David Bernthal/Off the Bench | Importance of free press, independent judiciary

David Bernthal/Off the Bench | Importance of free press, independent judiciary

Recently, I had occasion to read a News-Gazette editorial and a letter in response written by my friend and colleague John Thies, past president of the Illinois State Bar Association. What I read prompted some thought about two aspects of our democracy — freedom of the press and an independent judiciary.

The former is protected by the First Amendment, which provides, in pertinent part, "Congress shall make no law ... abridging the freedom of speech, or of the press ..." Originally, print was the only media form. Over the years, the protection of the "press" has been extended to the various platforms that have been developed.

Consumers are free to choose what newspapers to read, networks to watch and radio broadcasts to hear. The point is that the government cannot control the media. While those who adopted the First Amendment likely could not have foreseen the development of the press as we know it, they did perceive the need to guard against the government controlling what the people could learn and from whom or what they could access it.

The protection afforded allows journalists to play their important role in our society. One aspect is that of monitoring and reporting the actions of government officials from all branches as well as those of candidates for public office. Regarding the latter, recall Gary Hart. In 1988, Sen. Hart was a viable candidate for president. Published reports of his affair with Donna Rice caused him to drop out of the race.

Naturally, this "watchdog" role puts some tension between those being covered and the people doing the covering. As one whose work was subject to coverage, I was aware of this tension but always recognized the importance of the media in keeping citizens informed regarding the courts they fund.

Given the power of the media to both inform and influence public thinking, the right to a free press carries a responsibility to be thorough, accurate and honest in reporting. There are those who believe media in all forms abuses its considerable power. Some believe that the motive for profit drives media sources to target an audience and tell it what it wants to hear. Maybe that works for the bottom line, but it seems to me that it makes it easier for those who want to undermine the media. Once people lose confidence in the media, its ability to perform its important mission is seriously impaired.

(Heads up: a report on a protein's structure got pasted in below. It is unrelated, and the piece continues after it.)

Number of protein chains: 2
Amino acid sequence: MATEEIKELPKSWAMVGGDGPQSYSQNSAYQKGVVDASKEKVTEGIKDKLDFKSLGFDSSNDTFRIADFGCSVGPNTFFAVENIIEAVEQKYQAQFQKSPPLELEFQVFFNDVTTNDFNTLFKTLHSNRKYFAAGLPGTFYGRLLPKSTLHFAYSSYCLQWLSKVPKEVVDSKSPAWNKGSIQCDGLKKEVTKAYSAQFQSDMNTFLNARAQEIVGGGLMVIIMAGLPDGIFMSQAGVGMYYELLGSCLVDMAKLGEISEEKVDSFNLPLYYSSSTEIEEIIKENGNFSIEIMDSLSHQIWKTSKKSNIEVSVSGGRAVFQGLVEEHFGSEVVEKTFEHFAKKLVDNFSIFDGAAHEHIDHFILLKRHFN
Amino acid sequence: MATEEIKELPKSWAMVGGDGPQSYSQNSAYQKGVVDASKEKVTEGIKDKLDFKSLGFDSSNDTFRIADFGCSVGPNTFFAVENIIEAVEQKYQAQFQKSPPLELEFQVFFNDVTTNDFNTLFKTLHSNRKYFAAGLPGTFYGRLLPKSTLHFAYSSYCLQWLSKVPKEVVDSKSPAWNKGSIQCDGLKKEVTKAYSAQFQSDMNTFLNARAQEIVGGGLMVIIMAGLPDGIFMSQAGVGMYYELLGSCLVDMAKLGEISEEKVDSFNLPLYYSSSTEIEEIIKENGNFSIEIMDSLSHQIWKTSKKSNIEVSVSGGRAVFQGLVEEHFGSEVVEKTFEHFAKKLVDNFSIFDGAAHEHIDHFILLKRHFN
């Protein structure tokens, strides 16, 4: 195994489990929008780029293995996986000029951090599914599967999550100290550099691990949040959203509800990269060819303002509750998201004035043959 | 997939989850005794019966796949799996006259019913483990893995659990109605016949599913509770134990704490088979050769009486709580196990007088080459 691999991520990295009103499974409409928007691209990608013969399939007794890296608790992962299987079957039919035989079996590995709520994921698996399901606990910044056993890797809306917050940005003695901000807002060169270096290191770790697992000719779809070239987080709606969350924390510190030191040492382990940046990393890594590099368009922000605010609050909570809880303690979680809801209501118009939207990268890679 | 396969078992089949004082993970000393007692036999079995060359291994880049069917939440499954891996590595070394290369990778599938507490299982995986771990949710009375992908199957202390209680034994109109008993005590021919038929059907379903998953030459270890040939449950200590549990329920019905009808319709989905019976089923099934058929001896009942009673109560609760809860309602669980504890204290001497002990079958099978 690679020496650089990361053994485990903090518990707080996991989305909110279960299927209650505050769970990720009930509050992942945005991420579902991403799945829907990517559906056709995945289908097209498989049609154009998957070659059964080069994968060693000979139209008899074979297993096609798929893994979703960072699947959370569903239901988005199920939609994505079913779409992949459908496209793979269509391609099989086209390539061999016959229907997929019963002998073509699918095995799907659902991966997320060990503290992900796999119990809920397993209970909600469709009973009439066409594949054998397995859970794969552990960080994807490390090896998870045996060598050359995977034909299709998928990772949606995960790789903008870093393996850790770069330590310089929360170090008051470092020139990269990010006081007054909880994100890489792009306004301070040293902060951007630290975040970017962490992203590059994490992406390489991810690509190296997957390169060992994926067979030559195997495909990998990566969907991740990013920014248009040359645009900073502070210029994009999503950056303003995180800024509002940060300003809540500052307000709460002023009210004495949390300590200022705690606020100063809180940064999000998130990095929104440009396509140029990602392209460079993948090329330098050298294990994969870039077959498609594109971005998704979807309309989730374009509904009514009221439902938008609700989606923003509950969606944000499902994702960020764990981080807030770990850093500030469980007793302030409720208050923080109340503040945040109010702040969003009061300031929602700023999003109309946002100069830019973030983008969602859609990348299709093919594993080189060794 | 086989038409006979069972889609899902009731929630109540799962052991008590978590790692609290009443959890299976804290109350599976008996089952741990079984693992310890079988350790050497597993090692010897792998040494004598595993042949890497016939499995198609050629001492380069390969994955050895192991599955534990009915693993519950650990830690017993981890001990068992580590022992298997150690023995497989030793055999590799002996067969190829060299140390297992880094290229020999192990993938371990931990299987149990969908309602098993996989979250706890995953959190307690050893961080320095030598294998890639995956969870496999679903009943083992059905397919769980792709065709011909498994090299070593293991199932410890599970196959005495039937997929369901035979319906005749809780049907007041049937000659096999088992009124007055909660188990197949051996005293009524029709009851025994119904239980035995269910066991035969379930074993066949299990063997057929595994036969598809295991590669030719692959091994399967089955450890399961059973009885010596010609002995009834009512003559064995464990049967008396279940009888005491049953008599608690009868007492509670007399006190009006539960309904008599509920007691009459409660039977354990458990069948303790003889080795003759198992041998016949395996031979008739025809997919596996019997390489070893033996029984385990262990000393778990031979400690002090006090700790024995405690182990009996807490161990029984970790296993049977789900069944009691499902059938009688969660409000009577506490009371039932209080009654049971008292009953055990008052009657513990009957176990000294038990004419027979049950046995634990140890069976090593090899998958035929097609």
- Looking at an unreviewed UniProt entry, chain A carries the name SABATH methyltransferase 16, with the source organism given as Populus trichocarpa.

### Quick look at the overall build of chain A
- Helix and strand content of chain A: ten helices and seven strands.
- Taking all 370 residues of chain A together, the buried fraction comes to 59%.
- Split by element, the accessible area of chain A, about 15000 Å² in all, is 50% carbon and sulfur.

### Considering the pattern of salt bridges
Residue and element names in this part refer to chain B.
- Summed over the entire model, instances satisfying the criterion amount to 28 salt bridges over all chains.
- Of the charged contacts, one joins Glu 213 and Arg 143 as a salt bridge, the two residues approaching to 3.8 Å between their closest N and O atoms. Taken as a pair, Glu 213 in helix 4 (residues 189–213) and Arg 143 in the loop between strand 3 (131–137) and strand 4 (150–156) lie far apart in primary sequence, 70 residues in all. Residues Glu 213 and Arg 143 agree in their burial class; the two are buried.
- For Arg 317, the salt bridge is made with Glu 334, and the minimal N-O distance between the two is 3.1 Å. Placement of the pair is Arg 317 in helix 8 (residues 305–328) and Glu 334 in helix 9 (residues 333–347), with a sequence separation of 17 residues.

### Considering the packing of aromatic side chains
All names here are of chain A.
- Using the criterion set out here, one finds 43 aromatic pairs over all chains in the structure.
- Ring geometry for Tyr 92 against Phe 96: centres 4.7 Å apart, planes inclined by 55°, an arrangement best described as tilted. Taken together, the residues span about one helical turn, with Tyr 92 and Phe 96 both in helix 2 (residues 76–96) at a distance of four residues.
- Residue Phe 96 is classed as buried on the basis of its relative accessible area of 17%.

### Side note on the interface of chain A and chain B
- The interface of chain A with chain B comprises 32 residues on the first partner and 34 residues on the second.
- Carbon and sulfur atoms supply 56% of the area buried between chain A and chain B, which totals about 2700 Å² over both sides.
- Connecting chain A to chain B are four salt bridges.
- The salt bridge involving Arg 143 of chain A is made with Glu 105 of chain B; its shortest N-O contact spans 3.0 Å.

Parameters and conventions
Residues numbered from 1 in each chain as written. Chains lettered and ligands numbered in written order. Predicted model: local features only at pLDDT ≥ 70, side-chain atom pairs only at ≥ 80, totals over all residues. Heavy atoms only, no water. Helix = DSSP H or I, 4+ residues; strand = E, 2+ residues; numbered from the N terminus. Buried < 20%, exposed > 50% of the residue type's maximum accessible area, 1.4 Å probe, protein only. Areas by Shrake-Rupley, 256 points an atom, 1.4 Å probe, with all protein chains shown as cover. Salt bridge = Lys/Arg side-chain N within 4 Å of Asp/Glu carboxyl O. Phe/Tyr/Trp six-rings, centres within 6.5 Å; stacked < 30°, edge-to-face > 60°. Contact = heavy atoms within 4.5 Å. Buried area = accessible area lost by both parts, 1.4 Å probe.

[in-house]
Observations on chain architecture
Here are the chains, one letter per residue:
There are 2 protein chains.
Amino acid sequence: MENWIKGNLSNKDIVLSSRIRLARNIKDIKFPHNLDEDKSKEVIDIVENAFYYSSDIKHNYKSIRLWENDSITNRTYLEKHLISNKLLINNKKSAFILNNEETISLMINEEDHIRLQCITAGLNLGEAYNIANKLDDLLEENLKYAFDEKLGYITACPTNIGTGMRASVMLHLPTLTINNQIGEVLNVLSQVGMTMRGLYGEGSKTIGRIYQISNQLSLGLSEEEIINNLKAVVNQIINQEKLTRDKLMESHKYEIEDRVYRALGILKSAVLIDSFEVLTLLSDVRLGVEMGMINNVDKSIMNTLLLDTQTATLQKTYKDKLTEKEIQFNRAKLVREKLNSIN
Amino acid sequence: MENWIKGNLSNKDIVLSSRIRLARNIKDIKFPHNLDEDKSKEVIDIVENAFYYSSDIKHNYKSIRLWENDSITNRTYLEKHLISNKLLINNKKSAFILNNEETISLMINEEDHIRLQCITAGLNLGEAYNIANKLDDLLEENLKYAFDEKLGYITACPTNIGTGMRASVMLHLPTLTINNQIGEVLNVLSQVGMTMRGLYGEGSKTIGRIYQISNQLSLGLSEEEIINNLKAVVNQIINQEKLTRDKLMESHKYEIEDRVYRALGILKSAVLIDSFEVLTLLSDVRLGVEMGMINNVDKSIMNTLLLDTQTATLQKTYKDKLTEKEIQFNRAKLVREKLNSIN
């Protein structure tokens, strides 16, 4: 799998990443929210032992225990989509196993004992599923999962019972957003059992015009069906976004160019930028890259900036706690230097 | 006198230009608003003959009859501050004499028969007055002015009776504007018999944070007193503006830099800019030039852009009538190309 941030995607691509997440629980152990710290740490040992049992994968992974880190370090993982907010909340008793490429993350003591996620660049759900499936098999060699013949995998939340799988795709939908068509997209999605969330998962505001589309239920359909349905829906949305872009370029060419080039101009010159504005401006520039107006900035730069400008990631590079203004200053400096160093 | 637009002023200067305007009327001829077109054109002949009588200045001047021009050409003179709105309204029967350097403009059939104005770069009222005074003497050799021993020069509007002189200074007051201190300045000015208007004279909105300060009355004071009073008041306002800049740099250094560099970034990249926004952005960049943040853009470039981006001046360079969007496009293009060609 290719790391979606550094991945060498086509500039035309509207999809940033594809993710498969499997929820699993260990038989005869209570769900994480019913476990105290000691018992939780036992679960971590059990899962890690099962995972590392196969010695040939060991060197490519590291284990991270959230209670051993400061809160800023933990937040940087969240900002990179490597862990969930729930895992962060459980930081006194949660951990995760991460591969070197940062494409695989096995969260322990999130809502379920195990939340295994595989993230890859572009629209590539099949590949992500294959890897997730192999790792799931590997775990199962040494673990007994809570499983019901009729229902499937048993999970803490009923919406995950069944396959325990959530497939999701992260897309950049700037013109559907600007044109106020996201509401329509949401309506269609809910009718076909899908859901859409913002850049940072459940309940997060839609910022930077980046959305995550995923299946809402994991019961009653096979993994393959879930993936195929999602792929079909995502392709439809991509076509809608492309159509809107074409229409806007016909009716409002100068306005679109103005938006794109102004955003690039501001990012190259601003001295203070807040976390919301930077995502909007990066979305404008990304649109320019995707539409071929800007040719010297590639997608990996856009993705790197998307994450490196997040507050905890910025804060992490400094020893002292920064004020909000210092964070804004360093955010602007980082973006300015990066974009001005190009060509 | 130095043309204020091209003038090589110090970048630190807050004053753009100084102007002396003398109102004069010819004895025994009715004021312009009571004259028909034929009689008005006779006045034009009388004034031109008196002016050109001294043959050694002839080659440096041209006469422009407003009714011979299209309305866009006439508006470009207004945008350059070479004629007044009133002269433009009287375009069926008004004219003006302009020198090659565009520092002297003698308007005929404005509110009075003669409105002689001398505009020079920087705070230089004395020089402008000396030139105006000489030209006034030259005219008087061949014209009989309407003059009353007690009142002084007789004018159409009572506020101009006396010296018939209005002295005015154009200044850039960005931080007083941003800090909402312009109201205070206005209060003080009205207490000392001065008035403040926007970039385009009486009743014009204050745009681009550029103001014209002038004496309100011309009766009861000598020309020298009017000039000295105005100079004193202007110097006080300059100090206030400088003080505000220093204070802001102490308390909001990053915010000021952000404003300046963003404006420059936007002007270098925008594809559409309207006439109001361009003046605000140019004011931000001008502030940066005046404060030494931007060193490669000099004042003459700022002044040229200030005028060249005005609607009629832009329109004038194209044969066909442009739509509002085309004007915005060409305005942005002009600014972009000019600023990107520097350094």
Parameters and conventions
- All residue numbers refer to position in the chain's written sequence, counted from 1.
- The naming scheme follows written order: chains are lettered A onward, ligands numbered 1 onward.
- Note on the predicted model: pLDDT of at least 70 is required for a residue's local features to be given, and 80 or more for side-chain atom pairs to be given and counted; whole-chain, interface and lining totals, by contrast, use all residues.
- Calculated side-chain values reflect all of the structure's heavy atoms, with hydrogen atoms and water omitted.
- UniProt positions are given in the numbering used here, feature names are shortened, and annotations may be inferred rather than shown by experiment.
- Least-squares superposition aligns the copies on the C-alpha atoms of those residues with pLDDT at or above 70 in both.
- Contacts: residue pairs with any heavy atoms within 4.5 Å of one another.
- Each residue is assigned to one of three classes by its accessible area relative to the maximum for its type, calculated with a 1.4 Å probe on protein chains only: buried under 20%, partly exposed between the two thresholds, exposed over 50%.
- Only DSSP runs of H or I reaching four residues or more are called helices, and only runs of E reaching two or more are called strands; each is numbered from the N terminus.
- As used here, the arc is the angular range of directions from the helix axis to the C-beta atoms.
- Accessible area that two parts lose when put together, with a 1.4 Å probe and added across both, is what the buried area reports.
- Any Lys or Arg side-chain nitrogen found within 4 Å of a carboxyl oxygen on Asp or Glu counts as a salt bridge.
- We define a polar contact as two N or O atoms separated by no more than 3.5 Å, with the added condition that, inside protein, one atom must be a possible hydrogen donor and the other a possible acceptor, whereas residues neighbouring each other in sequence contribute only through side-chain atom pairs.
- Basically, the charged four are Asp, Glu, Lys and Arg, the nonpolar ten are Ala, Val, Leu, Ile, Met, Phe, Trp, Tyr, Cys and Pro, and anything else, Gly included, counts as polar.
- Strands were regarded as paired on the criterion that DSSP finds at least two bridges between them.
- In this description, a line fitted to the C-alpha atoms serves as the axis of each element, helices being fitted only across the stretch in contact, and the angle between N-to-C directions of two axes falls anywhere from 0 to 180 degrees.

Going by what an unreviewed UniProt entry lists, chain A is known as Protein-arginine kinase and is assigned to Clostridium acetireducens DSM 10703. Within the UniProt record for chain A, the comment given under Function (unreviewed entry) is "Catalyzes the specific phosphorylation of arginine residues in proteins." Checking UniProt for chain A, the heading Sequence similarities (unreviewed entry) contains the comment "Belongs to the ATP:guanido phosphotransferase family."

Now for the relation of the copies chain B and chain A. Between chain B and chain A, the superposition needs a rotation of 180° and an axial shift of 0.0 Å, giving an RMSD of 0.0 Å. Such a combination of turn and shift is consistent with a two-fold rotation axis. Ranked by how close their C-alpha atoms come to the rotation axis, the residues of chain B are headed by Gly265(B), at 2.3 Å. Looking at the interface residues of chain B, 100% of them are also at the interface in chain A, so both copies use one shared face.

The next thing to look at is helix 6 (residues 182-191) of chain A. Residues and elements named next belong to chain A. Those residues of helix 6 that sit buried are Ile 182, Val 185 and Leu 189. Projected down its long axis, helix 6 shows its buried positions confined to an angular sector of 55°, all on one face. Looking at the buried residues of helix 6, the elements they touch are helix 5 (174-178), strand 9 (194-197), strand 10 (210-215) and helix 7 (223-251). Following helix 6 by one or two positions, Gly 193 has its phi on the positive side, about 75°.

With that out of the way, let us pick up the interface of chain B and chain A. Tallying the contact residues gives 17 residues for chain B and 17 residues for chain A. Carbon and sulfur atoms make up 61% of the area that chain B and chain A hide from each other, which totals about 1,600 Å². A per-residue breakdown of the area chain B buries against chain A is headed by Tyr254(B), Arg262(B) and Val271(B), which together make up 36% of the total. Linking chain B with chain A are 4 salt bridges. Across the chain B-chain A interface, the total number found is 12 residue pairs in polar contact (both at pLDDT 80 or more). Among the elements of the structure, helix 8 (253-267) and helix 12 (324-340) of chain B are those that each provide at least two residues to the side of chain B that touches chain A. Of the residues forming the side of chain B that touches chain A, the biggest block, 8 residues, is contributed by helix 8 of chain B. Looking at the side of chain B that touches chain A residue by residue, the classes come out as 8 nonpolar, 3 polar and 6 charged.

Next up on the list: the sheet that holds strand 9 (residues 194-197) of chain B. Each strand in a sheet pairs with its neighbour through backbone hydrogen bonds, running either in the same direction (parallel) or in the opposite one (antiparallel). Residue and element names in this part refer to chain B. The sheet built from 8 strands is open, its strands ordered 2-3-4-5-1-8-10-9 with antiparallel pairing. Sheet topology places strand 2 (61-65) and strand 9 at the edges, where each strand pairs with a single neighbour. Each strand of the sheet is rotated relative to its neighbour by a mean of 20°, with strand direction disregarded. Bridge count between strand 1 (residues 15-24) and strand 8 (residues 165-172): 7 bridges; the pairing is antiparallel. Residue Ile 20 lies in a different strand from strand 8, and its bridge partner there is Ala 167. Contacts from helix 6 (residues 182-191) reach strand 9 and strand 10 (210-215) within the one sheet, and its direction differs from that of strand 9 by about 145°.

As I write this, my mind is drawn to the late Dave Benton. If one were to look up journalistic integrity, a picture of Dave would appear. We need more like him in all manner of journalism.

The other aspect referenced above, the independent judiciary, is similarly a double-edged sword. Our system is premised on the rule of law. Pressure on judges from powerful forces, political or otherwise, undermines the premise.

Imagine a U.S. president calling a Supreme Court justice who had been nominated by that president. In the call the president reminded the justice that it was time to pay back by voting a certain way on a case. Similarly, imagine a situation where a powerful political figure conditioned his or her support in an upcoming race for higher judicial office on the judge's decision in a case of significance. These examples that I made up illustrate the need for judicial independence. Courts and individual judges must not be subject to such influences. This requires restraint on the part of those in a position of influence as well as a strong backbone on the part of the judges. Decisions must be the product of the application of the law to the facts regardless of how the powerful, the public at large or the pundits react.

The other side of the sword requires an understanding that independence is not the power to do whatever the judge wants to do. We direct jurors to decide the case by applying the law contained in the jury instructions not the law as they would like it to be. Judges have the same responsibility. Failure to do so would result in the rule of John or Ann rather than the rule of law. Imagine the unpredictable mess that would flow from such an approach.

A free press and an independent judiciary are mainstays of our democracy. A person or group seeking to take over our country would likely want to control or neutralize both. We must recognize the importance of each and accept the responsibilities that accompany them.

David Bernthal of Mahomet is a retired 21-year federal magistrate. He is a counsel with the Webber & Thies PC law firm and serves as senior mediator and arbitrator with ADR Systems. His email is askthejudge1@gmail.com.

Sections (2):Columns, Opinion
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